Tour of Mount Vernon

Mount Vernon, George Washington's Home

Mount Vernon, George Washington's Home

Mount Vernon’s Director of Gift Planning, Rob Blizard, invited us to Mount Vernon and arranged a special private tour for us as owners of George Washington Inn. We had been asked to provide a couple of rooms from the inn for the upcoming “An Auction, By George” and were delighted to have a part in raising funds for the preservation of George Washington’s home. Rob Blizard and Sue Keeler, Manager of Protocol at Mount Vernon, met us in the Ann Pamela Cunningham building which houses the executive offices of this important private organization. In 1858 the Mount Vernon Ladies Association rescued Mount Vernon from ruin and has kept it preserved and open for millions to come and enjoy. 

Our wonderful guide took us through various outbuildings and then into the mansion. She brought us new behind-the-scene insight into the preservation of the home and some unique stories about the Washington family. She removed the normal “out-of-bounds” barriers and took us up into the third floor attic where Martha Washington spent her final years. After her beloved husband’s death she moved out of their bedroom which was the custom of that day. We were invited to take pictures up in the cupola. Unfortunately taking pictures in the rest of the house is forbidden.

Mount Vernon Ladies Association Logo in the Lobby of the Ann Pamela Cunningham Building

Mount Vernon Ladies Association Logo in the Lobby of the Ann Pamela Cunningham Building

Having made many trips to Mount Vernon and after designing and building a replica of this American icon, it was of particular interest to see the attic area. The knee walls ended up very similar, along with the attic ceiling. Our guide told us stories of youthful inhabitants who had played in the ceiling crawl space in a bygone era.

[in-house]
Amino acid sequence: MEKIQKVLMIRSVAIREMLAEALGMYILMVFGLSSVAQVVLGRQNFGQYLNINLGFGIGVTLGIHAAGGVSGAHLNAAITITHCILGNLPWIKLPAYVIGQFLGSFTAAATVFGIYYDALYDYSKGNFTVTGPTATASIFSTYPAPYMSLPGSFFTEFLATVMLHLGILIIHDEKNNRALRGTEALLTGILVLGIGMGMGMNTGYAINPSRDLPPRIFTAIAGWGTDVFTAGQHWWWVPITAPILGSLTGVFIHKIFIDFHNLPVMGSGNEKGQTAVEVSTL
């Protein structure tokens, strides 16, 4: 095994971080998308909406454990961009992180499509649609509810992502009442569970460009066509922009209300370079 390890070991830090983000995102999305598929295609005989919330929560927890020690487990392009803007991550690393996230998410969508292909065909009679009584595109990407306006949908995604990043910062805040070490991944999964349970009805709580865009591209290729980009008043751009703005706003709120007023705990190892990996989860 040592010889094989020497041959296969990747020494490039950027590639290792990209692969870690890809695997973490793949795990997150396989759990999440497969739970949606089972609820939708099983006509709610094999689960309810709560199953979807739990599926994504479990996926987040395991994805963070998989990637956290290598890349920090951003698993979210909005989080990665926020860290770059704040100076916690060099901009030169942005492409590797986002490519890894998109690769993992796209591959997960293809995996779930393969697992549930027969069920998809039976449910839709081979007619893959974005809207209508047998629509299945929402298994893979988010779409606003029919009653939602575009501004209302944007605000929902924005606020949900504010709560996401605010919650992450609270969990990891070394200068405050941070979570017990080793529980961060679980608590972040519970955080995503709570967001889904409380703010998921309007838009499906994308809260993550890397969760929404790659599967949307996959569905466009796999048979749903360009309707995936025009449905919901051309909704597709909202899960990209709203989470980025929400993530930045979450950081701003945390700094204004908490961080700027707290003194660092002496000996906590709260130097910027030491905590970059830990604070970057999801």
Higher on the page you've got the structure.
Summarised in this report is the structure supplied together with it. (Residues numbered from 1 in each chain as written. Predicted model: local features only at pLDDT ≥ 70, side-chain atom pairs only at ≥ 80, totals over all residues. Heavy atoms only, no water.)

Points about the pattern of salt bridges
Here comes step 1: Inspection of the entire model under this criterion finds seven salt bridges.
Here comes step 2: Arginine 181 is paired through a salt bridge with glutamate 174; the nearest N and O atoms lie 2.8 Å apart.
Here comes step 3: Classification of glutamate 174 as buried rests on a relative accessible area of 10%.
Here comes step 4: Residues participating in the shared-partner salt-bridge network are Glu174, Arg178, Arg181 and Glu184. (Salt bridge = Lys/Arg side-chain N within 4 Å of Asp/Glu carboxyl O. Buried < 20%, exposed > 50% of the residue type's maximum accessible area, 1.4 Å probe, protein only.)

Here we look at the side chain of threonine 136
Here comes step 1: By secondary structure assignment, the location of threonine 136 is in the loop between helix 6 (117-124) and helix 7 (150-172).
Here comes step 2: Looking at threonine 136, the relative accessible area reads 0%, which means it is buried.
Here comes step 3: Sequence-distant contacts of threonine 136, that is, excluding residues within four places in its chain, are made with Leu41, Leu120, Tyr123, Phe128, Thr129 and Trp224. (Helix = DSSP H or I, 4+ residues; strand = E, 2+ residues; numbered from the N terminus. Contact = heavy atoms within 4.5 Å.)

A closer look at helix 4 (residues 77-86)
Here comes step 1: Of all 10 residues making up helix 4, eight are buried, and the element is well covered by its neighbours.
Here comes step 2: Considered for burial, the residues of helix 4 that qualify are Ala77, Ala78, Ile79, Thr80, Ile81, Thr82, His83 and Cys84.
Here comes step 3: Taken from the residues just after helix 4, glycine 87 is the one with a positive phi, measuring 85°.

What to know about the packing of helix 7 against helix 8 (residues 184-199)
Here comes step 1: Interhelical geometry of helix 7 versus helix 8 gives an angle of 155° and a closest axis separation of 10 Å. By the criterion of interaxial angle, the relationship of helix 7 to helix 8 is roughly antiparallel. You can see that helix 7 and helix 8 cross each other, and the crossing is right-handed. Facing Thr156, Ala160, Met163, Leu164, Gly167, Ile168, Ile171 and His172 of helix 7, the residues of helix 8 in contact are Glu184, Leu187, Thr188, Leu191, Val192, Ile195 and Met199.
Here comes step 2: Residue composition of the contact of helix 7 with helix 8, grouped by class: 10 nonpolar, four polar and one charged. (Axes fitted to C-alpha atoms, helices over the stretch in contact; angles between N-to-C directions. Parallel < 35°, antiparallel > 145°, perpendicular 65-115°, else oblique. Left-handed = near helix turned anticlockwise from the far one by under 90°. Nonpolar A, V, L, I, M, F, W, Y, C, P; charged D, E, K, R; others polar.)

I asked our guide if she could take us down into the cellar. She graciously went back to retrieve the necessary key and took us down below the ground to see the foundation and cellar of George’s mansion. It felt almost as if George could step out from one of the brick arched vaults where ice was once stored under the piazza. A deep well where food was lowered was also an outstanding feature. The decorative cornerstone, the original now on display, had been replaced with a replica. The movie, “National Treasure”, has created a lot of buzz about this cellar where the servants dined and stored food in its heyday.

Afterwards Rob Blizard graciously hosted lunch and gave us numerous booklets of significant interest about Mount Vernon.

Here are some pictures taken from the eight cupola windows showing the Mount Vernon winter landscape on our visit. Click on the thumbnails to enlarge the pictures shown below.


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